Replacing the ACA: Will Health Savings Accounts Work?

Desktop with calculator, cash, notepad with the phrase healthcare reform, high-deductible plan, health savings accountsThe problems with high-deductible plans and health savings accounts

Note: I am beginning a series of posts examining various approaches the Republicans are touting as replacements for the ACA. Sorry, but no alternative facts here.

Several years ago (ie, pre-ACA), I needed to buy health insurance on the open market. The cost of an individual policy and the deductible was atmospheric because I had a pre-existing condition. And, of course, the policy didn’t cover costs related to my pre-existing condition.

Luckily, I had just incorporated my business. Since I had two employees (my husband and I) I could get a small business policy. Still expensive but manageable with decent coverage since employer-provided plans can’t discriminate based on pre-existing conditions.

I chose the cheapest plan, which came with a very high deductible. This plan also allowed me to create a health savings account (HSA). Money deposited into an HSA is not subject to federal taxes, grows tax-free, and is not taxed when used for qualified medical expenses (but … Continue Reading

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ACA Affordable Care Act blog health savings accounts healthcare reform high-deductible health plan Obamacare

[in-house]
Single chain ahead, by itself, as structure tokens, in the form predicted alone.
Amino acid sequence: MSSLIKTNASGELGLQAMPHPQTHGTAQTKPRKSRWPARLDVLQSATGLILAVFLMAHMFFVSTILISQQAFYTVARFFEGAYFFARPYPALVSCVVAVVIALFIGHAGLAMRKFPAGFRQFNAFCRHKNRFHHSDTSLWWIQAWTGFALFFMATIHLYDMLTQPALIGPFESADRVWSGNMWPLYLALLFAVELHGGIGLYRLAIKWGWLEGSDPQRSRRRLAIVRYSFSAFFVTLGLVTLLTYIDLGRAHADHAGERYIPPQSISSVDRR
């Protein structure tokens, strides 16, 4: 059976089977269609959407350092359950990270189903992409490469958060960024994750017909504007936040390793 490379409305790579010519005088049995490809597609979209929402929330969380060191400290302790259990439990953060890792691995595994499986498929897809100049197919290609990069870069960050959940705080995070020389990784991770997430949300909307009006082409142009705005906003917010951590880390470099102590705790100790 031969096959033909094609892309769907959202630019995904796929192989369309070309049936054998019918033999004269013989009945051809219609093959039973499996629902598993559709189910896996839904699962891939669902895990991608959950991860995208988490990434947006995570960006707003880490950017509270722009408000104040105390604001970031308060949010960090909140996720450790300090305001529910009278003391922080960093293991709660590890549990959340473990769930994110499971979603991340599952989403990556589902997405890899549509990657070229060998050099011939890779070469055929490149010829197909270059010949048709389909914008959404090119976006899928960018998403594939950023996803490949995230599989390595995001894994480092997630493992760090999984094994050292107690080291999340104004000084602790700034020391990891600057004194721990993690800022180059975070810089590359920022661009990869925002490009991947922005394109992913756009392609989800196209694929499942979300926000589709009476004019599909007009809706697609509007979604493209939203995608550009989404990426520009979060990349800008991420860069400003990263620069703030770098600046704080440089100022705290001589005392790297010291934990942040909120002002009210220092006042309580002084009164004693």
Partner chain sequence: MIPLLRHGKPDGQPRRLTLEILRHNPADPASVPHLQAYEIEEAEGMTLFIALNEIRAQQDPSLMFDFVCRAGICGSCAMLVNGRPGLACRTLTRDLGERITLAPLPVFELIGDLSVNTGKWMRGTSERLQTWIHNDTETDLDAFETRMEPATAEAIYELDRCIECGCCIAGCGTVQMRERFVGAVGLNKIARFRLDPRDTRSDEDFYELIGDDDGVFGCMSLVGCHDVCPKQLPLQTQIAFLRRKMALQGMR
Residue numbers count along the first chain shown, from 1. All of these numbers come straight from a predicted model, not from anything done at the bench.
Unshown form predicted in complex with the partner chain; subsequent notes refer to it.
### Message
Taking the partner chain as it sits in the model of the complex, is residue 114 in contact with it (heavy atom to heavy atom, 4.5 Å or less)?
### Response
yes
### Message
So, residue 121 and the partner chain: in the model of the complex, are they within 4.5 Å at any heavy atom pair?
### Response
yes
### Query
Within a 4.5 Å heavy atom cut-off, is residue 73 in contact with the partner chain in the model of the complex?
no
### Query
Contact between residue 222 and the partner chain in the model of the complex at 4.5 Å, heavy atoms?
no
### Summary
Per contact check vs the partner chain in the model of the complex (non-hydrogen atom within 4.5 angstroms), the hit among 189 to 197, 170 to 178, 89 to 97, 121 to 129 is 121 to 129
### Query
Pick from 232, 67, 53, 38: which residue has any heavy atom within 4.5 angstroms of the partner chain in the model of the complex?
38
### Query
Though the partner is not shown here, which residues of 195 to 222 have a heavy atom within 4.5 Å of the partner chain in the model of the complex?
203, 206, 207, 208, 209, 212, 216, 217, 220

Yes, We Need Some Sanity–For the IRS!

The 14-year-old has homecoming (and a date) this weekend, otherwise we would be at the Jon Stewart Rally to Restore Sanity. If I were in Washington, however, I’d also have to wander over the IRS to try and restore a little sanity to the idio. . . um, hardworking government employees who work there. Seems the IRS recently issued its annual rules about what  the money in  medical savings accounts (those accounts created with pre-tax dollars) can be used for.

As The New York Times reported earlier this week, the IRS says you can spend those pre-tax dollars on items like dentures, pimple cream, and even replacing real grass with turf if your kid has severe allergies; but not breast pumps. Why? To quote the Times’ article: “breast-feeding does not have enough health benefits to qualify as a form of medical care.” Instead, the IRS views it as being a form of nutrition only.

When I read those words my first impulse was to hop in my car, drive to DC, find the IRS building, whip off my shirt and bra, hook up a breast pump to my boobs, and march on the IRS office, preferably with about 5,000 other … Continue Reading

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breastfeeding health savings accounts IRS